A Review Of Michael Redhill's, "Bellevue Square" - Deliciously Confusing
In late August of this year, I decided that I should, as a Canadian author, be more of a literary steward and indulge in great Canadian fiction. I googled “magical realism Canadian books 2019” and found a list of books to read, including Michael Redhill’s book, Bellevue Square, which was third on my list.
The first two books shall remain nameless, but neither resonated with me and both were a struggle to finish. One in particular had about 80 pages of exposition and background on characters who didn’t seem to do anything.
That’s why, when I read the first line of Bellevue Square, I was hooked.
“My doppelganger problems began one afternoon in early April,” it began.
Now that’s how you start a novel, I thought, and eagerly read on.
The essential premise is that Jean Mason, a Toronto bookstore owner, is told that there’s another person walking around the eponymous Bellevue Square who looks exactly like her—except her doppelganger has shorter hair. Jean’s interest in her doppelganger is moderate at first, but very soon consumes just about every waking moment of her life, threatening her relationship with her family and ostensibly her sanity.
The story is told in first person and Michael Redhill’s voice really comes through in the character of Jean Mason.
Immediately, we get a sense of who Jean Mason is as a person when in the third paragraph she tells the reader, “I have a bookshop called Bookshop. I do subtlety in other areas of my life.” You get a sense that the character is witty, self-deprecating, and self-aware.
When we’re introduced to Jean’s step mother, we get another example of great characterization: “Beatrice’s tongue is pinned to the floor of her mouth owing to some childhood incident involving a pencil, so you only ever see the pristine pink tip of it.”
This is the kind of seemingly innocuous but vivid detail that John Gardner talks about in his book, “The Art of Fiction.” It makes the step-mother jump off the page as a person who exists in the real world, because otherwise why would this innocuous detail exist?
In the second chapter, just like the first, Redhill lets out another nugget of information which is just enough to titillate your imagination of things to come.
“... a woman I would later be accused of murdering walked into my shop.”
This would be a theme of things to come, as Redhill does an excellent job of revealing just enough information to keep you questioning while simultaneously hooked on his every word.
Another great example of this casual reveal happens about a fifth of the way through—and if you’re adverse to spoilers, this is where I’d stop reading.
Jean has what could be interpreted as a panic attack, where “something came out of me” and a page later, Ian, her husband, worries that it could be postpartum depression “again.”
This was the first time in the novel that I thought Jean may be crazy. Up until that point, I thought I was reading a magical realism book, and was reminded of a creative writing teacher of mine who once told me that you can’t do magical realism in first person. I thought this book would prove him wrong, but in some ways, it proves him right. Magical realism in first person isn’t magical realism, it’s an unreliable narrator who is either crazy, lying, or set in a fantasy world.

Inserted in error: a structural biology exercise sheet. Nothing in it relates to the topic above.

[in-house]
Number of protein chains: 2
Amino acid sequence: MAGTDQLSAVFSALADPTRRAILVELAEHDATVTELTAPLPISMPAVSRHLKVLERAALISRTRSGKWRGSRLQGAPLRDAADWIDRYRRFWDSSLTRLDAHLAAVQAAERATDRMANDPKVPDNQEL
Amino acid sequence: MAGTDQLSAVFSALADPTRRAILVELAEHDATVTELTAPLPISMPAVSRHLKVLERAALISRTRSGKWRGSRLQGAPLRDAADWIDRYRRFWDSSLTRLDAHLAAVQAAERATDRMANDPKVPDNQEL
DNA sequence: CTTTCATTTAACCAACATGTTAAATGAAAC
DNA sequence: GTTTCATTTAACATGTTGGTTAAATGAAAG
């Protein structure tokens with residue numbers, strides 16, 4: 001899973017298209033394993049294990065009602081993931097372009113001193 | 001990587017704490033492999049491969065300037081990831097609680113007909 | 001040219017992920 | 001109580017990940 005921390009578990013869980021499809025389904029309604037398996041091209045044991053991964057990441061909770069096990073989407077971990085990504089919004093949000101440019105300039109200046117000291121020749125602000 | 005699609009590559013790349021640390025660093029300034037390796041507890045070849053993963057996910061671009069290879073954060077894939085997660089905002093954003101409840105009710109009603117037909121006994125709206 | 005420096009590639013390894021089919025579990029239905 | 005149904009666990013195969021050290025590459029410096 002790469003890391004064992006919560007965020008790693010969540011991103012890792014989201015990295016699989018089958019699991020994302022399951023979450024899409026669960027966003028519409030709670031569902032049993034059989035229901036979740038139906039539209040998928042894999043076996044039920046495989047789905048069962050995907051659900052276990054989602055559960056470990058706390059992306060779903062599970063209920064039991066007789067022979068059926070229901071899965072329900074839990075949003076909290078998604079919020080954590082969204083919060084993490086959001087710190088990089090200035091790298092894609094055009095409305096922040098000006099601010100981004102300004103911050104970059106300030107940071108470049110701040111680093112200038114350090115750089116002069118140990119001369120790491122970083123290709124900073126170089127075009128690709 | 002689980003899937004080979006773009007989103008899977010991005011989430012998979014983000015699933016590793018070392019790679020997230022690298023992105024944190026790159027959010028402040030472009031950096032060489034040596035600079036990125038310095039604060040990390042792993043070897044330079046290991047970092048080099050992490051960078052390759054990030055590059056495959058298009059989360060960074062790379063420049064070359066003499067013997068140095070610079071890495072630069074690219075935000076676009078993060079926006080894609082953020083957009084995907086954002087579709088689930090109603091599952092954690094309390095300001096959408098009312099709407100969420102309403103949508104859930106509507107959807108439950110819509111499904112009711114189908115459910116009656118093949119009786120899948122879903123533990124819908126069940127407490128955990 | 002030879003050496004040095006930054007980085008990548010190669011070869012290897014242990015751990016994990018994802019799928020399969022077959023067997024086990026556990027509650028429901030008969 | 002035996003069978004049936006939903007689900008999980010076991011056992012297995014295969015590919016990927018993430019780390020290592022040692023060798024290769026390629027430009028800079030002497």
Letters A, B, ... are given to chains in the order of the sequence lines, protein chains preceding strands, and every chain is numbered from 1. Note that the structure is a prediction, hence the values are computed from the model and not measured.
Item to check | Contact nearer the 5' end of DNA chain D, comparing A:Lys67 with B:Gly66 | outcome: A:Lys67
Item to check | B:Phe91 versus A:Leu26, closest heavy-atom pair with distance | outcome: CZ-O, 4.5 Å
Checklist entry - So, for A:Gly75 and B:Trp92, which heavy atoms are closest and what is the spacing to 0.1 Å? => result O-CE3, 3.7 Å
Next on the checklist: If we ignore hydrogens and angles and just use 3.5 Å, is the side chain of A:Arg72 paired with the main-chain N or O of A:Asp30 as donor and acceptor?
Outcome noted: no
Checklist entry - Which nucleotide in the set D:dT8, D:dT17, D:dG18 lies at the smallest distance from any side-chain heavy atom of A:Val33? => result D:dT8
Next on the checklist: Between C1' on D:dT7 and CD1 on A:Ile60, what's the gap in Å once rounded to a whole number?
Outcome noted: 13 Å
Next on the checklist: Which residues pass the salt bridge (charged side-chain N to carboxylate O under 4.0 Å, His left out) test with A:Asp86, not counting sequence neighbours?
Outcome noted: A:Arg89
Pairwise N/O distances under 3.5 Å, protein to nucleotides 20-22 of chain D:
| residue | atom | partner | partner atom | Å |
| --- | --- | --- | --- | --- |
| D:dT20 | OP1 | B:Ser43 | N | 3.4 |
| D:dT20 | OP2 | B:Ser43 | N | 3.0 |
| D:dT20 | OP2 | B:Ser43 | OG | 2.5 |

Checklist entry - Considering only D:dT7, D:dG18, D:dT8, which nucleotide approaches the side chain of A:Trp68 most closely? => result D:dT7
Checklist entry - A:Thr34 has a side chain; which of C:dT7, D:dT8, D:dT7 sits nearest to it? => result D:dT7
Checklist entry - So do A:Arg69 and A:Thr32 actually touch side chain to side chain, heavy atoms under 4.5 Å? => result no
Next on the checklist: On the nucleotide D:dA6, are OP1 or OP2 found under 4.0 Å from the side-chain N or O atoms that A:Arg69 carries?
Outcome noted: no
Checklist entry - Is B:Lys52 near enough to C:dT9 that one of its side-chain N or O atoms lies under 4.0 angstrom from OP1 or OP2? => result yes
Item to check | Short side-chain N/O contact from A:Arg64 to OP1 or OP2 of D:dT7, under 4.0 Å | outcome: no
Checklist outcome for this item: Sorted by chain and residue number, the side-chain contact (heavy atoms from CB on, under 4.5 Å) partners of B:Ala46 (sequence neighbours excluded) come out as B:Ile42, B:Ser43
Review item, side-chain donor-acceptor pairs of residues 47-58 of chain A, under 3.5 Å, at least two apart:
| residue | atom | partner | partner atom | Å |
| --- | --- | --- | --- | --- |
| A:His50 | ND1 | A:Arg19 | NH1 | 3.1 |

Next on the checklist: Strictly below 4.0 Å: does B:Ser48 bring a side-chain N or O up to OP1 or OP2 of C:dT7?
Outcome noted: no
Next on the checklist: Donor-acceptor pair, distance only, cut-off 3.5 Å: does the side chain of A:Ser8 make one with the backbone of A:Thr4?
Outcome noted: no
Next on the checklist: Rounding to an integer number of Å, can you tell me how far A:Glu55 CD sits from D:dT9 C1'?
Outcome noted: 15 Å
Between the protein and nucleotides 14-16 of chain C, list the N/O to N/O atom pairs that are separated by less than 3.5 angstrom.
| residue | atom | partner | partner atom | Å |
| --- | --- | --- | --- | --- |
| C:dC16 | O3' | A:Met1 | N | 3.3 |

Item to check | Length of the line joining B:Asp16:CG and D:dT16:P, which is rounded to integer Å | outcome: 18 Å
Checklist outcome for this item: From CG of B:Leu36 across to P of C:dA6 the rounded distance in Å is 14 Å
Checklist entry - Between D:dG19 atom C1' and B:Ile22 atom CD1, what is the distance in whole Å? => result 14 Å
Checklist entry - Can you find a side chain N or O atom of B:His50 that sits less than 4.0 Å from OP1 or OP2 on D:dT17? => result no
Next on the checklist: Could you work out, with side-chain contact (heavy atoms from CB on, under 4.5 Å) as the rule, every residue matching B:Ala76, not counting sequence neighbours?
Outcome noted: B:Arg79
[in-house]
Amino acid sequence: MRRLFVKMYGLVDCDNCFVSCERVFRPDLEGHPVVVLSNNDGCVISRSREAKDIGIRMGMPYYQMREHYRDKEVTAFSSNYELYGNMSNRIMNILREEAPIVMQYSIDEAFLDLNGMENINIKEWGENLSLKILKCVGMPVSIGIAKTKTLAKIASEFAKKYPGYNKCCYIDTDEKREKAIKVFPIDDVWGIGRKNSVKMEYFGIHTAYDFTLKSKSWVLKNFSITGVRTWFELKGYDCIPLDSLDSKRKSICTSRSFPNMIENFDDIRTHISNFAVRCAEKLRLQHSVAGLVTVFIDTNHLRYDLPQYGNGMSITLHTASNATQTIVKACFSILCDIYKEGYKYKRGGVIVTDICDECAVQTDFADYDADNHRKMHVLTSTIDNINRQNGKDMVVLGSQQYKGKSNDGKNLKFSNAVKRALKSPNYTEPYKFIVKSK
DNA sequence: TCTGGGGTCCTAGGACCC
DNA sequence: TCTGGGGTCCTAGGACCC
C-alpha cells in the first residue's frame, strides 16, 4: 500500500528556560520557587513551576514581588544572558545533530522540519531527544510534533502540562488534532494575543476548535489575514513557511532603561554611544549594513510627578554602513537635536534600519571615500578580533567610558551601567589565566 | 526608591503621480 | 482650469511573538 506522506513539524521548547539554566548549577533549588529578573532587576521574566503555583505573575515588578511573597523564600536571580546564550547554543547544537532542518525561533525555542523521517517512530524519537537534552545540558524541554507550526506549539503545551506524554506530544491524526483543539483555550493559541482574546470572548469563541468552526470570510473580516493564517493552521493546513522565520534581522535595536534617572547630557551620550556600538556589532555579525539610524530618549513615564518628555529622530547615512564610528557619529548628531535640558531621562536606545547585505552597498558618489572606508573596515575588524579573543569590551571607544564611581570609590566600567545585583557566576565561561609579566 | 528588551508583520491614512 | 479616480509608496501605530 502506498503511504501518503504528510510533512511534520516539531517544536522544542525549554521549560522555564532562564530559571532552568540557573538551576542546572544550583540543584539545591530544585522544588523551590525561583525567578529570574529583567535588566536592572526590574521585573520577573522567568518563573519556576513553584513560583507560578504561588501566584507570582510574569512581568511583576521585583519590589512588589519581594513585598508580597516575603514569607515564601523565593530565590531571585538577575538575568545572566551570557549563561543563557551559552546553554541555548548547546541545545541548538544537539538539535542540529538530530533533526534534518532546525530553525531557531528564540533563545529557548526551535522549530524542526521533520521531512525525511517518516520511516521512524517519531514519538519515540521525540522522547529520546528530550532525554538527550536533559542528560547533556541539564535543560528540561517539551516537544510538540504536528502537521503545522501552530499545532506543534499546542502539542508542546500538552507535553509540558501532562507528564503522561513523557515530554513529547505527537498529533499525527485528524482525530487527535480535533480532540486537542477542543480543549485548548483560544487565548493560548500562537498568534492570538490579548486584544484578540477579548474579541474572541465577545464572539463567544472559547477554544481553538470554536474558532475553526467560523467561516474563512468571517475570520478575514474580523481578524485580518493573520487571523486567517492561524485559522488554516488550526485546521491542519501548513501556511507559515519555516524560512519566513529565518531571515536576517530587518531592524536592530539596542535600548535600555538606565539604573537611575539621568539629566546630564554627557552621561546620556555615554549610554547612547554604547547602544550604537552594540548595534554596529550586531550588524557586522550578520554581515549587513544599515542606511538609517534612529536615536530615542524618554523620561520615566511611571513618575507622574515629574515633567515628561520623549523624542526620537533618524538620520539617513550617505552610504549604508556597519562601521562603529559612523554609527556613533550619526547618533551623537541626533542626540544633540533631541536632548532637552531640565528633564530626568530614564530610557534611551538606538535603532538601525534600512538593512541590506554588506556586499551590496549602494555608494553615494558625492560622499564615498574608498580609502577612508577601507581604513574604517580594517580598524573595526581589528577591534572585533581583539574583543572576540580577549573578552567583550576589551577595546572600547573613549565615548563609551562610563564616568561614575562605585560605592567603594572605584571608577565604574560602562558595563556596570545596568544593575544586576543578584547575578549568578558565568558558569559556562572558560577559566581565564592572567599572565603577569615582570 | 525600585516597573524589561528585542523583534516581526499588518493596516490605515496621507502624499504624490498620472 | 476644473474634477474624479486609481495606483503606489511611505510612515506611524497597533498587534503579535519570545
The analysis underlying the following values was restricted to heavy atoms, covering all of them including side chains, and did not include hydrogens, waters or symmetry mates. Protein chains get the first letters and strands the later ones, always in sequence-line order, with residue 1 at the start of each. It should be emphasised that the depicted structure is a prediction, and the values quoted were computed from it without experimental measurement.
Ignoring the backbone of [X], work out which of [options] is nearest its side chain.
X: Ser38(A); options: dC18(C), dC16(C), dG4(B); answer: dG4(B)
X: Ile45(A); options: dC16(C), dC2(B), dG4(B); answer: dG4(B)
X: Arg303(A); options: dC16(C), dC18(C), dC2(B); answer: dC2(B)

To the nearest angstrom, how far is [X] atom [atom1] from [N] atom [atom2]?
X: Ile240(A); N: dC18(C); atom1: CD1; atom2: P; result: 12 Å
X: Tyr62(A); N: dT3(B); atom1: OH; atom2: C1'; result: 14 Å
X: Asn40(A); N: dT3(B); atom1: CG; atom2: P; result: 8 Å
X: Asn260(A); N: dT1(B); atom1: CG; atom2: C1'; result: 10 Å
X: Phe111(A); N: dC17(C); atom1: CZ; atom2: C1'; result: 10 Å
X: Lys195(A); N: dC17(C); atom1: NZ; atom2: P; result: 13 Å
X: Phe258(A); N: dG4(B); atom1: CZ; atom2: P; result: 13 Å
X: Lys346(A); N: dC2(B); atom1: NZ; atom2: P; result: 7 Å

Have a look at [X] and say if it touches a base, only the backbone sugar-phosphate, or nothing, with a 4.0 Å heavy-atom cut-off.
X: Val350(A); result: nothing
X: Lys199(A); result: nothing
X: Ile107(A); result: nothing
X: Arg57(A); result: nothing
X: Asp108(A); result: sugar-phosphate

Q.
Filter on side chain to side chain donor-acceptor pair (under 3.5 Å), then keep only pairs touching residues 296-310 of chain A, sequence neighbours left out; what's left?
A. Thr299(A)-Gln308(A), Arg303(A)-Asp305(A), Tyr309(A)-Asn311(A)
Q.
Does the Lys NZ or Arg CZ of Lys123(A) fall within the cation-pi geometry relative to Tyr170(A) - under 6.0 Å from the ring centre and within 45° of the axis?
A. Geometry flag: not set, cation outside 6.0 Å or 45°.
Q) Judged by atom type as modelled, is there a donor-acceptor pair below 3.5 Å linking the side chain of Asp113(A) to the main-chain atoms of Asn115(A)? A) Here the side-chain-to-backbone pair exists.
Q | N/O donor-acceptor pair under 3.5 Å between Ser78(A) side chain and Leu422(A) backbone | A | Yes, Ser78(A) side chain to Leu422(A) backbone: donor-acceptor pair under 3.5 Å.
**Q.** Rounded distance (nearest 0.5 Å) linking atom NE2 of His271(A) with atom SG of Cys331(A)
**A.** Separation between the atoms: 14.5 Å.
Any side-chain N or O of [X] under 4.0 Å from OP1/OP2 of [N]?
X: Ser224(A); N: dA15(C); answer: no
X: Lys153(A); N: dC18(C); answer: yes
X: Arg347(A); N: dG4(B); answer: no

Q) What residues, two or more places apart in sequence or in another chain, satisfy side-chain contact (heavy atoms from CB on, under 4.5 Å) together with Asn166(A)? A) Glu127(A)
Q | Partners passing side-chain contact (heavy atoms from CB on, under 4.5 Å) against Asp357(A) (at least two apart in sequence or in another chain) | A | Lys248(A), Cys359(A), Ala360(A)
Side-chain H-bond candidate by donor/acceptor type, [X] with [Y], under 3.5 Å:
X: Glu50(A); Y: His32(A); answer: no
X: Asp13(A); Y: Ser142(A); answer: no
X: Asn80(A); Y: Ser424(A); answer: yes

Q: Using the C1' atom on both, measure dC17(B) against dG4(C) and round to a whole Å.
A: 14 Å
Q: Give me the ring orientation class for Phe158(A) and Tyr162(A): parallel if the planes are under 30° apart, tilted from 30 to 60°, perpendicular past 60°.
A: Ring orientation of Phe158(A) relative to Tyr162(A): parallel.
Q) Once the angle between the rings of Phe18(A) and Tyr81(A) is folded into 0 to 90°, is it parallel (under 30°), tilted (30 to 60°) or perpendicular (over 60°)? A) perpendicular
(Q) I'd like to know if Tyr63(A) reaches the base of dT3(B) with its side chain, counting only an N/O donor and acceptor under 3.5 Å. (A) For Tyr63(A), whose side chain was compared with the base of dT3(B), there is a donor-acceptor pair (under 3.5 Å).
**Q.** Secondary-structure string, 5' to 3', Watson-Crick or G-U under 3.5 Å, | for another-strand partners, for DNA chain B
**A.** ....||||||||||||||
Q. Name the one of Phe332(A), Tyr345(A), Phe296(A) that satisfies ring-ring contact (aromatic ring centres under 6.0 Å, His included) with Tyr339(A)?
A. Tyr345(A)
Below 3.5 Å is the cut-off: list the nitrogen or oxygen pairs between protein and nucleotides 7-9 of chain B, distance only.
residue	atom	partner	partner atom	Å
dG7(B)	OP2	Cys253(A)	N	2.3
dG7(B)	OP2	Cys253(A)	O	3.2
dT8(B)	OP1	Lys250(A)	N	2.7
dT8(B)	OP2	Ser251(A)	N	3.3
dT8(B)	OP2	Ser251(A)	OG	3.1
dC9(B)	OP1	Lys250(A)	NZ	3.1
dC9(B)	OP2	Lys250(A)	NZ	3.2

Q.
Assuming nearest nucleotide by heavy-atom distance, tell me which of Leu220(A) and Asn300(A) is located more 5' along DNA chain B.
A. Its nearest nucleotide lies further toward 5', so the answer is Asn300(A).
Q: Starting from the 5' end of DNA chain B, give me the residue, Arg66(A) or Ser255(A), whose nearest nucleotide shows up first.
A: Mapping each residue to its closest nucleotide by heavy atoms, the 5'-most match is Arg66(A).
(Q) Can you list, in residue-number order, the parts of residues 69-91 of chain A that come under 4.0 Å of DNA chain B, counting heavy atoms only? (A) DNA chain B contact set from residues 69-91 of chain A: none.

And slowly we start to realize, over the next 60 pages or so, that she has a history of mental illness as a teenager, as an adult, and, most likely, is having a bout of mental illness in the present (sidenote: the tense changes from past to present about a third of the way through and I’m not sure what that means, but I’ve always played with the idea of a tense shift to let the reader know that *something* has changed).
There’s a particular scene that sticks out, where she’s washing her face and she looks up in the mirror and sees herself, but does not recognize it as herself. She believes it’s someone else, in another bathroom that looks exactly like her bathroom. It’s an unsettling scene which I swear I could hear an eerie soundtrack playing to.
Soon after that scene she wakes up in a hospital bed with an explanation: she was experiencing what is called “A Fugue State” brought on by localized seizures in her brain.
The reader has a short reprieve to pick up the pieces and decide what was real or what was not during the majority of the novel, while Jean’s life normalizes. However, Jean’s inevitable curiosity to answer the very same question (i.e., what was real) leads her back to Bellevue Square, where she hatches a plan to storm a writers’ festival in a forest in Brigham, Quebec with another mental patient, Jimmy. In Brigham, Ingrid Fox, her doppleganger, is giving a talk on a recently published book of hers on the very same condition Jean has.
Jimmy ends up burning the festival down, Jean ends up in the ICU, and the reader is left wondering what the hell just happened.
My immediate impression, however, is twofold: first, there is no mystery. Jean’s grasp on reality is tenuous at best and the confusion comes from the fact that this is a first person story coming from someone with a very bad case of “asymmetric autoscopy” or a fugue state.
My second impression is what we’re witnessing is a character realize they’re the product of an author’s imagination, which is why Inger Ash Wolf, Michael Redhill’s pseudonym, is the name that Ingrid Fox, Jean Mason’s doppelganger, writes under.
Whatever the case may be, this is a novel that is deliciously confusing and deserves a second or third read to unwrap the clues to the mystery that I missed the first time. The writing is beautiful, the characters layered and complex, and the story is one worth unraveling.